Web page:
Before the Ford decision, corporate defendants could avoid plaintiff forum-shopping by showing that the plaintiff’s cause of action lacks a causal connection with the defendant’s contacts in that forum. According to the Ford majority – which included Justices Elena Kagan, Stephen Breyer, Sonia Sotomayor, Brett Kavanaugh, and Chief Justice John Roberts – now a court may find specific jurisdiction over a defendant without a causal connection, even when a defendant’s activities in a particular forum did not cause the plaintiff’s injuries in that forum.
As Justice Gorsuch alludes to in his concurrence (which Justice Thomas joined), the Court’s personal jurisdiction doctrine is likely to crack under immense pressure from rapid transformations to how businesses engage in commerce. When the Court crafted its personal jurisdiction jurisprudence in the 20th century, it likely did not consider the possibility that someday, people and products will be able to travel to any location in the world in just under three hours. So too could it not predict that companies will be able to deliver goods via drones and reach consumers from all corners of the country via augmented reality shopping experiences.
Problematically, the Court’s decision in Ford will only further complicate personal jurisdiction challenges. As Justice Gorsuch writes, the Court’s “affiliation” test makes unclear the threshold level of connection required between a business’s contacts with the forum state and the plaintiff’s injuries. Gorsuch further expressed that because of this confusion, lower courts may apply the test leniently, which could subject corporate defendants – such as e-commerce businesses – to far-away courts.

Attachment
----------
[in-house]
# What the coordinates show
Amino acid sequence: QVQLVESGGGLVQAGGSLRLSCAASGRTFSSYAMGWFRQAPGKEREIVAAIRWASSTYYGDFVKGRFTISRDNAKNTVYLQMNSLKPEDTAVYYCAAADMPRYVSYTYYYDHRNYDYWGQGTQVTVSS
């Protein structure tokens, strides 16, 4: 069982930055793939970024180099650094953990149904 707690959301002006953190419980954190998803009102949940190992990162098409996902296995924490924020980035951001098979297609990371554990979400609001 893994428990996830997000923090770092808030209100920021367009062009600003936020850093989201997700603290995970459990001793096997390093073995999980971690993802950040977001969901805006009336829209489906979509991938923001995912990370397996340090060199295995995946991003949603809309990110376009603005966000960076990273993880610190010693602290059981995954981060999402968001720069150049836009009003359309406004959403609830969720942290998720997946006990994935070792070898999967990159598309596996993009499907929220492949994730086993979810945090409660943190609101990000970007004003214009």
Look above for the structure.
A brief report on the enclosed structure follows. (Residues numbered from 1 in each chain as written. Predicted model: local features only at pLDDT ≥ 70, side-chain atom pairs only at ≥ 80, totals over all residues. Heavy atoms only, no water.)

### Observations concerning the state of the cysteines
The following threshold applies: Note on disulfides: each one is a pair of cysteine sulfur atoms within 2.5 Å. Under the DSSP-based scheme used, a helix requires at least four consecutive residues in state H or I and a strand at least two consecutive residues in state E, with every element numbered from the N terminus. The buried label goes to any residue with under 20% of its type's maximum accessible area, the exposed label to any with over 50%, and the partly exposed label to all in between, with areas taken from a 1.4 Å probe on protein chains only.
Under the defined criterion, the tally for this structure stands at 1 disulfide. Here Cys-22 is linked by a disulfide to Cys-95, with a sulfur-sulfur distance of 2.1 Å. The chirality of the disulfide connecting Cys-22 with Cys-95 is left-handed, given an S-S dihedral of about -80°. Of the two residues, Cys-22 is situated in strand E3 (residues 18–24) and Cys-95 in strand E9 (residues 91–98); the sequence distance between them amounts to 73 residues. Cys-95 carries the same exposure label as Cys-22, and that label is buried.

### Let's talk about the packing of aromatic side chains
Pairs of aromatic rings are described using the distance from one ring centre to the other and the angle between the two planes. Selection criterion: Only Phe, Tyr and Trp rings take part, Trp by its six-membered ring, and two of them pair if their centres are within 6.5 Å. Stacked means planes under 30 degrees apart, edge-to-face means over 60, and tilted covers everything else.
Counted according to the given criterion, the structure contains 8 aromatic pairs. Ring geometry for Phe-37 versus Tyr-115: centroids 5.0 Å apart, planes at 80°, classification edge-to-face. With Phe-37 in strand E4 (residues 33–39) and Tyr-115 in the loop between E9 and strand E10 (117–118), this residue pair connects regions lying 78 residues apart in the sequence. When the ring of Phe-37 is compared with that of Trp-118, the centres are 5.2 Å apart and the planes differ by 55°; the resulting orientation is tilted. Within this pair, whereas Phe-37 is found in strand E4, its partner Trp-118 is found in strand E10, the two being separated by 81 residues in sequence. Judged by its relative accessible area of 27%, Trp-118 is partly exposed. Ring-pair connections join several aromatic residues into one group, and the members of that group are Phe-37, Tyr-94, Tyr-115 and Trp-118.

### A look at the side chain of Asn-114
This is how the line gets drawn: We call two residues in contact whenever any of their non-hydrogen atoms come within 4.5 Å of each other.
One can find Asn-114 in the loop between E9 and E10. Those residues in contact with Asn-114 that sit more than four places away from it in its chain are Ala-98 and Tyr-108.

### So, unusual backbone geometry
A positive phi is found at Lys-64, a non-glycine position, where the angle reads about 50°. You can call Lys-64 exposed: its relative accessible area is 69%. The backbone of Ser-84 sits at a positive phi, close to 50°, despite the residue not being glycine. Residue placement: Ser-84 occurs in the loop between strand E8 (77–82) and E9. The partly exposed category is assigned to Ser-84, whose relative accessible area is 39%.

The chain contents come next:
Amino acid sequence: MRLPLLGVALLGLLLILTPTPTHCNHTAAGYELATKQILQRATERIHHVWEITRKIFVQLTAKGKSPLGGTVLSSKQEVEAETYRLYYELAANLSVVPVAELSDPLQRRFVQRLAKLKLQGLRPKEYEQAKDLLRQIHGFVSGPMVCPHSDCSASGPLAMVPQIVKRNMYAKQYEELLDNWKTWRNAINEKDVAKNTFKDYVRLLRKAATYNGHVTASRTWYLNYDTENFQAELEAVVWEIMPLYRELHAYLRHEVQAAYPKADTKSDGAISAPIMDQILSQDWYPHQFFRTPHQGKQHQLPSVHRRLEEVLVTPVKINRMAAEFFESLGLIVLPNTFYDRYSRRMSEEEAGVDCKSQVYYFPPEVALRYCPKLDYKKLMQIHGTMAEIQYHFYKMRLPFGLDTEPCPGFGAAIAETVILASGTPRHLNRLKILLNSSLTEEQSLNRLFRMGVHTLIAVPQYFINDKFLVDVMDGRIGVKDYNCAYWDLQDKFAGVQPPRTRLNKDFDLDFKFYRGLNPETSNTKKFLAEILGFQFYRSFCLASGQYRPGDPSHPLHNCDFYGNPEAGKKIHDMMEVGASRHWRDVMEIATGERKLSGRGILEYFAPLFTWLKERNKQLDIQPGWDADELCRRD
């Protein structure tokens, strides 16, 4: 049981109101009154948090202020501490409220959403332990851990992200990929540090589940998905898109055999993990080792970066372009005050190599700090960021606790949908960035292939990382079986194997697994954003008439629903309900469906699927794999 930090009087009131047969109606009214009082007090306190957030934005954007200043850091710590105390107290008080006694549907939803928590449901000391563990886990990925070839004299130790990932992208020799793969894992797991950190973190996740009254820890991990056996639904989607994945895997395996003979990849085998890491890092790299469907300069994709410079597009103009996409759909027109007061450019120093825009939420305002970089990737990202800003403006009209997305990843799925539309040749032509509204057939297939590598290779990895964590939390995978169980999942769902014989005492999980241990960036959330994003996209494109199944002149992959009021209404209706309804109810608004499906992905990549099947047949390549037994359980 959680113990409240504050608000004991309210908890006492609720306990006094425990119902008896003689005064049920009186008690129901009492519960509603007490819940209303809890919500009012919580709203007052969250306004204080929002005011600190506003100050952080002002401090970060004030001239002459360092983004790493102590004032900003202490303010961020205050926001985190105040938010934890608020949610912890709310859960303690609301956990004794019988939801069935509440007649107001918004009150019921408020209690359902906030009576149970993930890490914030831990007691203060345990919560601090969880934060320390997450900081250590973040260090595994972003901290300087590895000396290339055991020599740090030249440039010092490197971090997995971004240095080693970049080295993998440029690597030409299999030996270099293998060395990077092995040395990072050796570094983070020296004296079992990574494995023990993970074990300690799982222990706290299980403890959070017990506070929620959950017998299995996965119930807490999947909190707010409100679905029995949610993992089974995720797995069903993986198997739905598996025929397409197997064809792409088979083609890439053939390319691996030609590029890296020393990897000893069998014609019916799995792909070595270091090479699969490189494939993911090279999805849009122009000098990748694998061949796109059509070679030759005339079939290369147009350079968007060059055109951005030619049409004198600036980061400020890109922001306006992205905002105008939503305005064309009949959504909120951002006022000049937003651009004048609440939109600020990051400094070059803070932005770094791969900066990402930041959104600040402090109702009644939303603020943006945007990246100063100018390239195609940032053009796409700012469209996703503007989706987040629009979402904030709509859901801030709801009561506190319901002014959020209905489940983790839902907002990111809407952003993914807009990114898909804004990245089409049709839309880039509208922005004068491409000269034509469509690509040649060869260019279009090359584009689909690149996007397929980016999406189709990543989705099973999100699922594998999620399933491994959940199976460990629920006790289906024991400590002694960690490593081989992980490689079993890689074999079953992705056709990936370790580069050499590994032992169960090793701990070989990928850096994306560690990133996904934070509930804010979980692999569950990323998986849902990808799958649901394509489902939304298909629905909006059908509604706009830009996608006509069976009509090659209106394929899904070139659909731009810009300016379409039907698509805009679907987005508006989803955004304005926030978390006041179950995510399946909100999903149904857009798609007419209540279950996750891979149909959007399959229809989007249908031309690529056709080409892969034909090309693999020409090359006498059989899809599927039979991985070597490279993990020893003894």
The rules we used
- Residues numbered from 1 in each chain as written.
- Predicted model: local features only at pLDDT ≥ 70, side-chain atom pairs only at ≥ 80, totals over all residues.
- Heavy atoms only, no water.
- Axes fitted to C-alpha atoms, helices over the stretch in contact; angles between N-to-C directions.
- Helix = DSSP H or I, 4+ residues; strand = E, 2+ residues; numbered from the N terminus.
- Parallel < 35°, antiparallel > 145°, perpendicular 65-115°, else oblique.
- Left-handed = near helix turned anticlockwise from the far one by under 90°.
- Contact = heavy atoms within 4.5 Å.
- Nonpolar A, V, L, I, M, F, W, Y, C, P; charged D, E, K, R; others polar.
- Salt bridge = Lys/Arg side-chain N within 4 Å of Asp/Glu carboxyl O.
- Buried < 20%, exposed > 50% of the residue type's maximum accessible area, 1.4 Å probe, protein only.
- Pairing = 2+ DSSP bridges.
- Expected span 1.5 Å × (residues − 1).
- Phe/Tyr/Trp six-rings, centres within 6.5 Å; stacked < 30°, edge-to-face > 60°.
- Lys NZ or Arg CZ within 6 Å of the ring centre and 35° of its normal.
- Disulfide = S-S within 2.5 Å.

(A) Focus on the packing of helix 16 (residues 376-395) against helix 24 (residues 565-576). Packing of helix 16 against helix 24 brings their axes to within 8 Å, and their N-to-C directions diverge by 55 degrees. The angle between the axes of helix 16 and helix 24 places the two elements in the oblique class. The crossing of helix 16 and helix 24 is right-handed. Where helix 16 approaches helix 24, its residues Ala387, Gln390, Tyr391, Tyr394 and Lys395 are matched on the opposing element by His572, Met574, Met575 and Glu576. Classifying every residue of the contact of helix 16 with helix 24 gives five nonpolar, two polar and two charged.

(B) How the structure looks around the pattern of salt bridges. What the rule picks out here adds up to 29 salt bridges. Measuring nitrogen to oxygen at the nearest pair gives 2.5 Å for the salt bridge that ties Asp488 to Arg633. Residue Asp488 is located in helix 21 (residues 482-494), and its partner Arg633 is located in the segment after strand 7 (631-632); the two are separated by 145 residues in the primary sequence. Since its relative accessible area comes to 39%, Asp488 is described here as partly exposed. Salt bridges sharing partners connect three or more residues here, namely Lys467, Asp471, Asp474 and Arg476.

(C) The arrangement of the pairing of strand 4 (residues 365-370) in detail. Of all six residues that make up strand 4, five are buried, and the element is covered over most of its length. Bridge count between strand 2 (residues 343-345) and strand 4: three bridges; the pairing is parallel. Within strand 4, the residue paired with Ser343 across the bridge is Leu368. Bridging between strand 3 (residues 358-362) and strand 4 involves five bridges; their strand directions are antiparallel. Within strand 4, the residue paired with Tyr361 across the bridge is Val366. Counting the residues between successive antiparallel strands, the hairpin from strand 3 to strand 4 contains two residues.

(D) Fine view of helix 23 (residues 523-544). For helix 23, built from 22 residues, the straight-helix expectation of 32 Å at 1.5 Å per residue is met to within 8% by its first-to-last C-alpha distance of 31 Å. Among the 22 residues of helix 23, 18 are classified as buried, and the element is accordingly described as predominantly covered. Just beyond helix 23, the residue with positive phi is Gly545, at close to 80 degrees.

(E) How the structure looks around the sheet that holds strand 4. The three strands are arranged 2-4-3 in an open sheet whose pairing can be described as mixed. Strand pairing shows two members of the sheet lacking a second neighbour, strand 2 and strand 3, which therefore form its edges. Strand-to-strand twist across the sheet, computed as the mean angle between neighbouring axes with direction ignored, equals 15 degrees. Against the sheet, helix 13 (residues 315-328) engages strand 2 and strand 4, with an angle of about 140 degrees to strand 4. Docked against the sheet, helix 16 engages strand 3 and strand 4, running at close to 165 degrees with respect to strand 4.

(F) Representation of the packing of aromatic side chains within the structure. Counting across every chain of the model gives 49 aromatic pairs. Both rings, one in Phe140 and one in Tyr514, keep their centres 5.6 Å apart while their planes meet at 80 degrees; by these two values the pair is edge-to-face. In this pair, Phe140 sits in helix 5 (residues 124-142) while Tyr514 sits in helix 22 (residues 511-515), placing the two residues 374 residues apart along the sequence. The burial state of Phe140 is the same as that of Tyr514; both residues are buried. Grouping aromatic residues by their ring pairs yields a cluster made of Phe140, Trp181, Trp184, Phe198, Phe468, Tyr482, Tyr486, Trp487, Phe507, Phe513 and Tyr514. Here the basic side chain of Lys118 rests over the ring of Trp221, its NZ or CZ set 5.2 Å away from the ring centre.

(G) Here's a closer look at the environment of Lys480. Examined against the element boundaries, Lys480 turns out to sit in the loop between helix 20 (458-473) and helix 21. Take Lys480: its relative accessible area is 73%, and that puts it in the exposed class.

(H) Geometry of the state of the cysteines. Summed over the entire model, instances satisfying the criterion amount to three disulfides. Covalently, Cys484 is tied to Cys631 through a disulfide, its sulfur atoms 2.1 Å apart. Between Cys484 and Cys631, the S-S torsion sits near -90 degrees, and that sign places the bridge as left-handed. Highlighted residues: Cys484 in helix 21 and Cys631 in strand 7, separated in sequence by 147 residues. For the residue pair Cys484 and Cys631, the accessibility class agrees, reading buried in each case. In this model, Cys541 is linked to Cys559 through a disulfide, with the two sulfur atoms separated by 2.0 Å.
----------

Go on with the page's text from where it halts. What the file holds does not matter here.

In the wake of the Ford decision, the jurisdictional lines for corporate defendants will face challenges. Coupled with rapid technological advancement and the advent of e-commerce, the Ford decision will likely not change how multinational conglomerates are treated under personal jurisdiction analysis, especially given the Court’s opinion that Montana and Minnesota state courts could exercise specific jurisdiction over Ford without the adoption of the “affiliation” test. Instead, now new entrants to commerce and small businesses may face increased litigation costs by having to defend themselves in every state across the country.
Maybe it’s time for the Court to abandon its preconceptions regarding traditional notions of fair play and substantial justice. In the modern era, where corporations have global reach and tout their multiple headquarters in the U.S., it can hardly be seen as unfair to haul such defendants into courts across the country. Instead of “adding new layers of confusion to our personal jurisdiction jurisprudence,” the Court should consider reiterating how the personal jurisdiction tests we all learned in our 1L Civil Procedure courses apply to the new age of rapid technological and e-commerce development. More importantly, the Ford decision will likely require the Supreme Court to revisit the causation issue when lower courts begin to struggle with pinpointing where businesses fall on “a spectrum from an individual making an isolated online sale and a company like Ford.”